Without this story, there may have never been a Black Panther movie.
In 1998, Marvel Comics started the Marvel Knights imprint, intended to focus on standalone stories. MK went on the be a success and injected new life into many characters. One of the initial series to be released was Black Panther.
It seems like a crazy thing to say today, but there was a time when Black Panther was not all that interesting. Sure, he was the King of Wakanda and an Avenger in good standing, but he never seemed to really stand out from the pack. The MK run by Christopher Priest and Mark Texeria is widely seen as one of the best portrayals in the character’s history. Some comic fans state that without the Priest run, there would never have been a Black Panther movie. The first five issues have been collected in a trade paperback called ‘The Client.’
Priest’s characterization of T’Challa is unique and instantly makes him interesting. He is no longer just the king of an African country and an Avenger — Priest has Panther transcend all notions of royalty and super heroism. Instead, he possesses an intangible quality that attracts people. Each movement is calculated, every word is the correct one, and each decision in the best. Priest’s Black Panther can be described in one word: cool.
Panther never really comes off as the untouchable superhero. What makes Priest’s handling of the Wakandan king so great is the character still comes off as out of the realm of normal humans. He still makes kingly statements, and still has his highly advanced abilities. But where other heroes come across as better than us normal people, Priest writes Panther differently. Panther comes off as a naturally heroic person which makes him more likable.
Another great addition to the series was the character of Everett K. Ross. Ross is an employee of the United States government who worked with foreign ambassadors and was assigned to Panther. More importantly, Ross serves as a narrator to the story and adds a mystique to the hero while also serving as his quasi mouthpiece. Priest’s use of Ross is excellent as readers first see him wearing no pants and pointing a gun at a rat. It is a unique start that engages the reader.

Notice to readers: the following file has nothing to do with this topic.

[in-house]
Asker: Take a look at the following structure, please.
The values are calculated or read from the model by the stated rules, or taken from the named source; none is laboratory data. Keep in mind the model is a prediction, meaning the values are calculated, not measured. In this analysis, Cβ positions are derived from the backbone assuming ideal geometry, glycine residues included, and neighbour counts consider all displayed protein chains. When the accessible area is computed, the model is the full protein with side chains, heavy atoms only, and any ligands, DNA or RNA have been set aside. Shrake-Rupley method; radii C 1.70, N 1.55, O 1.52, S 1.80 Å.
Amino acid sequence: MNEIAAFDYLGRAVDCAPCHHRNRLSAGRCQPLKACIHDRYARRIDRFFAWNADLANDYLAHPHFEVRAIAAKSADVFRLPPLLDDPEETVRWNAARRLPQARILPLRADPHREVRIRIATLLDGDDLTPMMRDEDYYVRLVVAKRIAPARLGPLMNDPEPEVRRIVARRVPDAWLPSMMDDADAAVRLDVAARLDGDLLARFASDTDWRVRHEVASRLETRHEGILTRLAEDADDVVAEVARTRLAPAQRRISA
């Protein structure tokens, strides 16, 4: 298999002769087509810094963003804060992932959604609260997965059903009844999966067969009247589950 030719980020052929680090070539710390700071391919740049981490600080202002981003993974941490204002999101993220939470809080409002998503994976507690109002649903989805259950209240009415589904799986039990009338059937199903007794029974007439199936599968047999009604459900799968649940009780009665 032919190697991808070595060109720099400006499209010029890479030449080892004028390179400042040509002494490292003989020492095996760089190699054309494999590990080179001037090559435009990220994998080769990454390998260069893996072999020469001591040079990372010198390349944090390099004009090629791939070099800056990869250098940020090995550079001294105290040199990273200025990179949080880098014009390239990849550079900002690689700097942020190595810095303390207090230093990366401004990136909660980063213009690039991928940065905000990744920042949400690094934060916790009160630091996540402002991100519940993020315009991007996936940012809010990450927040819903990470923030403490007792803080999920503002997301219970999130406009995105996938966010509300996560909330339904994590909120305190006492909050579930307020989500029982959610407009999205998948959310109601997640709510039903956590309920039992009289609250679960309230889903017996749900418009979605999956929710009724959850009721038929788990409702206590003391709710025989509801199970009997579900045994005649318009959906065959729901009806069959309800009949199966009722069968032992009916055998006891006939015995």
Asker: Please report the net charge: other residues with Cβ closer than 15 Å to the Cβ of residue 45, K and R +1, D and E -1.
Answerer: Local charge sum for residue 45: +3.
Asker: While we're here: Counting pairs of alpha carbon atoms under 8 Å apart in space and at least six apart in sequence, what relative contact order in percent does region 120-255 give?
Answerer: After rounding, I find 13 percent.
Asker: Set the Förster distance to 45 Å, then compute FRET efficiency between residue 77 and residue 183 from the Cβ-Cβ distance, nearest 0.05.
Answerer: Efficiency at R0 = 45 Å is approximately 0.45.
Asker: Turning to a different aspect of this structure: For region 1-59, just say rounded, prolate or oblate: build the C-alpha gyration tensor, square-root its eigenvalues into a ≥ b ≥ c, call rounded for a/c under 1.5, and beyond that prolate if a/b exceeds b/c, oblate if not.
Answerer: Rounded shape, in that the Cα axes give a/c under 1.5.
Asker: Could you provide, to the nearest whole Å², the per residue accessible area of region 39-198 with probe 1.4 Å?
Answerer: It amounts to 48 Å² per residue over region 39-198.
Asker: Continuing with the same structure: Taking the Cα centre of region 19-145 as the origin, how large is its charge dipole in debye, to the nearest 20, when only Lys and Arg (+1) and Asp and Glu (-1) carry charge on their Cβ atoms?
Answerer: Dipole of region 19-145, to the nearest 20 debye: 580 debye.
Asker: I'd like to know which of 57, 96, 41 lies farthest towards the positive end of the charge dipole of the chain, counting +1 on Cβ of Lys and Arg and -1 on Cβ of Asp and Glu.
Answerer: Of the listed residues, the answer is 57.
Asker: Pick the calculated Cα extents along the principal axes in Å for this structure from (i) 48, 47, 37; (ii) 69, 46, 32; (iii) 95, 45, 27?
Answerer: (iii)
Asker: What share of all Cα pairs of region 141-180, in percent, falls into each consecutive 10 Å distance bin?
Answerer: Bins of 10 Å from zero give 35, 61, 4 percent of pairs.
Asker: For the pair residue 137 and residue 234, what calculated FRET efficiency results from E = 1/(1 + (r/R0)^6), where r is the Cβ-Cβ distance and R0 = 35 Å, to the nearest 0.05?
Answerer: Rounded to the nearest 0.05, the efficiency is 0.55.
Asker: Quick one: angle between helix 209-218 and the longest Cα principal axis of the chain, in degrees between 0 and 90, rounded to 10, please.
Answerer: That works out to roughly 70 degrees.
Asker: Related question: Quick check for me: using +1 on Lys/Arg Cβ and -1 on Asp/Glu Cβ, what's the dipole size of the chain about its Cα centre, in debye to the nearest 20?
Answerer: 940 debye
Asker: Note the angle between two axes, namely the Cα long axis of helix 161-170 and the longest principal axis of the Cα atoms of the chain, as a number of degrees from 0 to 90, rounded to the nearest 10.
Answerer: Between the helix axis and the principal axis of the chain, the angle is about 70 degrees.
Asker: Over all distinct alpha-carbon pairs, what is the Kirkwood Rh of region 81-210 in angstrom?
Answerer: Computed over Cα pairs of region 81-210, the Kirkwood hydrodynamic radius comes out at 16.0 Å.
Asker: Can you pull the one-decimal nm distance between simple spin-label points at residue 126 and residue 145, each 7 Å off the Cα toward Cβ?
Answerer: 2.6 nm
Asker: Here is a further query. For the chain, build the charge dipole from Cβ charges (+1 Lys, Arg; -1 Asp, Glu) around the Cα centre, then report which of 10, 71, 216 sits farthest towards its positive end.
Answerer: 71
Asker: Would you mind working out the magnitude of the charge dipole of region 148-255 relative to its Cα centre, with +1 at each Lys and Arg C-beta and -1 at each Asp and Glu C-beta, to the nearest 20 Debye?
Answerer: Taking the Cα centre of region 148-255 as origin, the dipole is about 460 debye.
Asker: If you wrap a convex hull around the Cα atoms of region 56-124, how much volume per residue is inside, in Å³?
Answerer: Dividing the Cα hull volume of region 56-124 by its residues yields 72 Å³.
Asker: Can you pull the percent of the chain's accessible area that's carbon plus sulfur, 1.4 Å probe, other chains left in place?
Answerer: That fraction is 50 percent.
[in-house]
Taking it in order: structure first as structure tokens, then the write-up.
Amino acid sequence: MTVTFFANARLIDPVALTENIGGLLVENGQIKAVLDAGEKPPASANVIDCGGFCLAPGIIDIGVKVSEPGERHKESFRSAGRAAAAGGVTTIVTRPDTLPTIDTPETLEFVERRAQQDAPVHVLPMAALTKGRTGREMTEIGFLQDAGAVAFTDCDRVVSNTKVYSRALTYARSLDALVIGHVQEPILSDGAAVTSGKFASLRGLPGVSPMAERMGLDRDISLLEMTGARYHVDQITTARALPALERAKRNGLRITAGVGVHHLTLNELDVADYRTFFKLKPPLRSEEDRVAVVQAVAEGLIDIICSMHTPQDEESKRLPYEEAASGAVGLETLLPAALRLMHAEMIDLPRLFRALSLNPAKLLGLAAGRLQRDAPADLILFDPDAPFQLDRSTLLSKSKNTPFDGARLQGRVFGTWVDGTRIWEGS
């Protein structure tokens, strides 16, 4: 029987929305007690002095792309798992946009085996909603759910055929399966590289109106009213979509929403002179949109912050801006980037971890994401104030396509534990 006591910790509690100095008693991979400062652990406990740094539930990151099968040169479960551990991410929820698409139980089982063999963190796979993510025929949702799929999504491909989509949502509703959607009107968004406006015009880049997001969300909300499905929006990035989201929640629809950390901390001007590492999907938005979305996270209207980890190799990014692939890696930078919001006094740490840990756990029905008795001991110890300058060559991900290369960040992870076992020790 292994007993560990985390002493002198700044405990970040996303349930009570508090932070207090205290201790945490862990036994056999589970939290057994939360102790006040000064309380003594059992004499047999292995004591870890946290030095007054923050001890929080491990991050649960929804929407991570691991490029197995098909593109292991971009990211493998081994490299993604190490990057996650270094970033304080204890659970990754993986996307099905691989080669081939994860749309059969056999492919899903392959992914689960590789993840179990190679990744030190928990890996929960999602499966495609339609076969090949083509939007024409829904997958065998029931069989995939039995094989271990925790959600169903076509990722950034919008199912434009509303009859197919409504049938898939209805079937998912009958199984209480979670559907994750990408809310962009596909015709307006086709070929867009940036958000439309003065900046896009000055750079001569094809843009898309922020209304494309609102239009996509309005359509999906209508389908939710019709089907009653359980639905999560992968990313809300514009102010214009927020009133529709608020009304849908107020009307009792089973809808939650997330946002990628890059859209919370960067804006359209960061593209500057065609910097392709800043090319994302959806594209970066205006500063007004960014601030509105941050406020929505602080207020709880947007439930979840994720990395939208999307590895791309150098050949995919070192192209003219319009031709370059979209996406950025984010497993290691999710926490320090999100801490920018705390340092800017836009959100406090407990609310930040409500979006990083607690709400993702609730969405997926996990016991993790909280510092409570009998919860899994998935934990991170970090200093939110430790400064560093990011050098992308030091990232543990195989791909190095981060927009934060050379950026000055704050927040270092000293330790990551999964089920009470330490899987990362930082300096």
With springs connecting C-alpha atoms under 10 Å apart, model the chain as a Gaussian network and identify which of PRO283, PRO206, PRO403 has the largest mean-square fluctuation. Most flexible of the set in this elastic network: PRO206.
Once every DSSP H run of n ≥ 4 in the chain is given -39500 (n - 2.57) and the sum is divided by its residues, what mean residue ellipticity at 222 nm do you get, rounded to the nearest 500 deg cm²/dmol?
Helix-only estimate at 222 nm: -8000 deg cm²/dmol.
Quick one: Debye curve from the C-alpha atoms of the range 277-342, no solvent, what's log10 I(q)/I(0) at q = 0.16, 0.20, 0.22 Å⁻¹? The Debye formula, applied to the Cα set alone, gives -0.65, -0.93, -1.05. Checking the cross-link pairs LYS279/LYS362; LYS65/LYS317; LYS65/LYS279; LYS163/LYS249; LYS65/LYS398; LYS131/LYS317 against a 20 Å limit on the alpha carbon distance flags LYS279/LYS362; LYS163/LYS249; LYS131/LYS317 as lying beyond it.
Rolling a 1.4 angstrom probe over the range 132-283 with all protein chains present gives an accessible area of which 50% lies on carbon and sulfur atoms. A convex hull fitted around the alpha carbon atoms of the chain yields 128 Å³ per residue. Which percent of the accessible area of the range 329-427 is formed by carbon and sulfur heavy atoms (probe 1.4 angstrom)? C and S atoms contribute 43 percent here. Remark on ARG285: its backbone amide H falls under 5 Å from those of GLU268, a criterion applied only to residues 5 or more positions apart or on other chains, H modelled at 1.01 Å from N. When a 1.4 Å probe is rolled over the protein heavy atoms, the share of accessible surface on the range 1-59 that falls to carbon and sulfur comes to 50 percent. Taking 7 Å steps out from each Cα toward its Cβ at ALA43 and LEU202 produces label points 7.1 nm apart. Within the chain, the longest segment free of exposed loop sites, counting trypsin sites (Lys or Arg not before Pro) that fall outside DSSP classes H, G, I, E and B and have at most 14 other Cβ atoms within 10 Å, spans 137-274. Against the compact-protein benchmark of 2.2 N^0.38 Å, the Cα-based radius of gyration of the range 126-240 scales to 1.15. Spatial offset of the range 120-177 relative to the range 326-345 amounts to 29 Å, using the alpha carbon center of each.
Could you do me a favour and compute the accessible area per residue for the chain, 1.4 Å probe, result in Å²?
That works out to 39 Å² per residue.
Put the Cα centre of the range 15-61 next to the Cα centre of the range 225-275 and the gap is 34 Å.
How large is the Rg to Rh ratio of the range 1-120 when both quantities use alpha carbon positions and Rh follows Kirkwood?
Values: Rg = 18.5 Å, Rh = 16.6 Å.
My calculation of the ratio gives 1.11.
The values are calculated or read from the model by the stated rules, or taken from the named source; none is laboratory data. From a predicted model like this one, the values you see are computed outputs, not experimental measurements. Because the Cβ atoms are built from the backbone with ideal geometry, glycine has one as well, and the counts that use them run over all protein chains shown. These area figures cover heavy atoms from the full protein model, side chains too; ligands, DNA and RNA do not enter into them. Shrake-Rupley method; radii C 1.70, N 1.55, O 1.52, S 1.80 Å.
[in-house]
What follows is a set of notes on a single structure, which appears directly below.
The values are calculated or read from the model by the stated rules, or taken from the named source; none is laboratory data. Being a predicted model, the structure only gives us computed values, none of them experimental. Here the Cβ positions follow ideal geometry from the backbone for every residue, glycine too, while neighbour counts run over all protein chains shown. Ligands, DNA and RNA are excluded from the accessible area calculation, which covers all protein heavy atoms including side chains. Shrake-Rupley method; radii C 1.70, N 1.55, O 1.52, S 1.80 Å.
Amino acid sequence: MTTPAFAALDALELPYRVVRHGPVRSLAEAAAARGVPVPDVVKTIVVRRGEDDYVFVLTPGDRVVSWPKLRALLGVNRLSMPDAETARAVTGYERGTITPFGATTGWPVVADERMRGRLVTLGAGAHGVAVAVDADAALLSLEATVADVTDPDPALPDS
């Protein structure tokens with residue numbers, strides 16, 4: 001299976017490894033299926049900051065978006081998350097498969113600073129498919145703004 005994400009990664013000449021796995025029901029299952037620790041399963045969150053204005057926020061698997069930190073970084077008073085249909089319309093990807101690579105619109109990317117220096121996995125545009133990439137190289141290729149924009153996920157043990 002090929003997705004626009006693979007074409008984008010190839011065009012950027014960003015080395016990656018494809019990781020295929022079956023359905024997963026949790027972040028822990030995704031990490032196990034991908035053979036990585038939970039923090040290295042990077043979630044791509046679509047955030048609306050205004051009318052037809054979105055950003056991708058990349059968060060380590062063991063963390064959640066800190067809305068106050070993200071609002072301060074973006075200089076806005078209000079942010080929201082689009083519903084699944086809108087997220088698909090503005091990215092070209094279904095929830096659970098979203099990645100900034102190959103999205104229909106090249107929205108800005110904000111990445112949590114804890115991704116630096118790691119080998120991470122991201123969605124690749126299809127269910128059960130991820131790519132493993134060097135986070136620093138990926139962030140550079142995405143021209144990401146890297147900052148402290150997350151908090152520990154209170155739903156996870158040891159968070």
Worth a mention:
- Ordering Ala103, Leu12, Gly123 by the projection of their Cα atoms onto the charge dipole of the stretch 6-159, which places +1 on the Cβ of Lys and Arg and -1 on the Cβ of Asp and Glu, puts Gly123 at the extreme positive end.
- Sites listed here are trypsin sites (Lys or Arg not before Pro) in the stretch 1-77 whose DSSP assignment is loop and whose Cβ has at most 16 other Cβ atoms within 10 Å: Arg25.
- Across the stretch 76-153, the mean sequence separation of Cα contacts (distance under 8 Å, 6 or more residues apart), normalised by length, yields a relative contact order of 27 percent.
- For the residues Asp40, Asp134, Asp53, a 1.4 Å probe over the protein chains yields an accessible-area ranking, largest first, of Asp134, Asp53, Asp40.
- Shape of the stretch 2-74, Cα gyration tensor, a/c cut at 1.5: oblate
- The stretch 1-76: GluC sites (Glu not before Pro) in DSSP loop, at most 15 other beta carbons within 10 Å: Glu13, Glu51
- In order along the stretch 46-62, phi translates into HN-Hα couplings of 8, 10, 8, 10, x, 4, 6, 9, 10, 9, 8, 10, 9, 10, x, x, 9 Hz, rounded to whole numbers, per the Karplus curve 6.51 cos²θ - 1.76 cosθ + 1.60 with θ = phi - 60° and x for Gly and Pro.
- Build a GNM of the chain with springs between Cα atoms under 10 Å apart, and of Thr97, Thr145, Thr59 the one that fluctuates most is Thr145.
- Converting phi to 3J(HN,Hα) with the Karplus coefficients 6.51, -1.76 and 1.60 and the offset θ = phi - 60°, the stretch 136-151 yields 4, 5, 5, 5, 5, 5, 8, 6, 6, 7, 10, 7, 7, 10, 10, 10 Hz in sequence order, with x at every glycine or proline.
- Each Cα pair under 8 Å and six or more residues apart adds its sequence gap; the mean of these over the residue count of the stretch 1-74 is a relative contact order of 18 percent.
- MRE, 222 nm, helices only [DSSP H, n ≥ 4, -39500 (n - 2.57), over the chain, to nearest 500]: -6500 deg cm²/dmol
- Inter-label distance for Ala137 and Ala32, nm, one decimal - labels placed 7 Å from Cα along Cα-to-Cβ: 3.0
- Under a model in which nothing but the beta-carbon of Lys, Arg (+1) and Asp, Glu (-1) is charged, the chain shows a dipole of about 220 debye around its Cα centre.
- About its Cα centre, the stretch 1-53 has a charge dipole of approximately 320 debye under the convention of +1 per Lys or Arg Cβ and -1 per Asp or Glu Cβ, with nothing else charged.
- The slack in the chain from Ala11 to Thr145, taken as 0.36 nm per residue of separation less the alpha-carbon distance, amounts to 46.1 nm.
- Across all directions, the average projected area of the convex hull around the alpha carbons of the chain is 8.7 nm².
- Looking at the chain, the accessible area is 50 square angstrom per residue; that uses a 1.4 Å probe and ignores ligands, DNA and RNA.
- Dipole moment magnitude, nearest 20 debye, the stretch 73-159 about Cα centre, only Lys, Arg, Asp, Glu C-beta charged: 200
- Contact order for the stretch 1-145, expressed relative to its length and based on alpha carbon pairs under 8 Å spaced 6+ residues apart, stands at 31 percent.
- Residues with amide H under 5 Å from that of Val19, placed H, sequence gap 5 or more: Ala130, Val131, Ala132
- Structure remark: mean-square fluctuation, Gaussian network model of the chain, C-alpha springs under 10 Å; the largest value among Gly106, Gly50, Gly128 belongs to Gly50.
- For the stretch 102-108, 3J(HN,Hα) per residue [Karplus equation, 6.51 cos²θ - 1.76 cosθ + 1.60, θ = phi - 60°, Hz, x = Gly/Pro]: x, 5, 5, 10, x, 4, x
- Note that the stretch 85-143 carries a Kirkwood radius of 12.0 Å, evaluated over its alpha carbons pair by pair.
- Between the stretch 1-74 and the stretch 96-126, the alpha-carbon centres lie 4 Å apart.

Texeria’s art is fantastic as he makes Panther look royal and heroic while adding to the cool factor written by Priest. Battles have a natural flow to them and all the characters looks great. There is great variety throughout the issues as beautiful splash pages will be followed by multi paneled ones. Vince Evans is the guest artist for the fifth issue of the story arc and does an excellent job in Texeria’s place.
The impressive character work and handsome art balance out a basic story. There are some great action sequences in ‘The Client’ and the story never gets boring. The book is also surprisingly funny. Panther has many great moments just being himself while the commentary by Ross is a standout in the book. The plot itself is your run-of-the-mill comic book story filled with twists, turns, and surprises. The characters and art will leave an impression long after the story has been forgotten.
Marvel Knights Black Panther: The Client is a wonderful collection for any Black Panther fan. While the story may not be memorable, the art is fantastic and Priest’s handling of Black Panther reintroduced the character to a new generation of fans.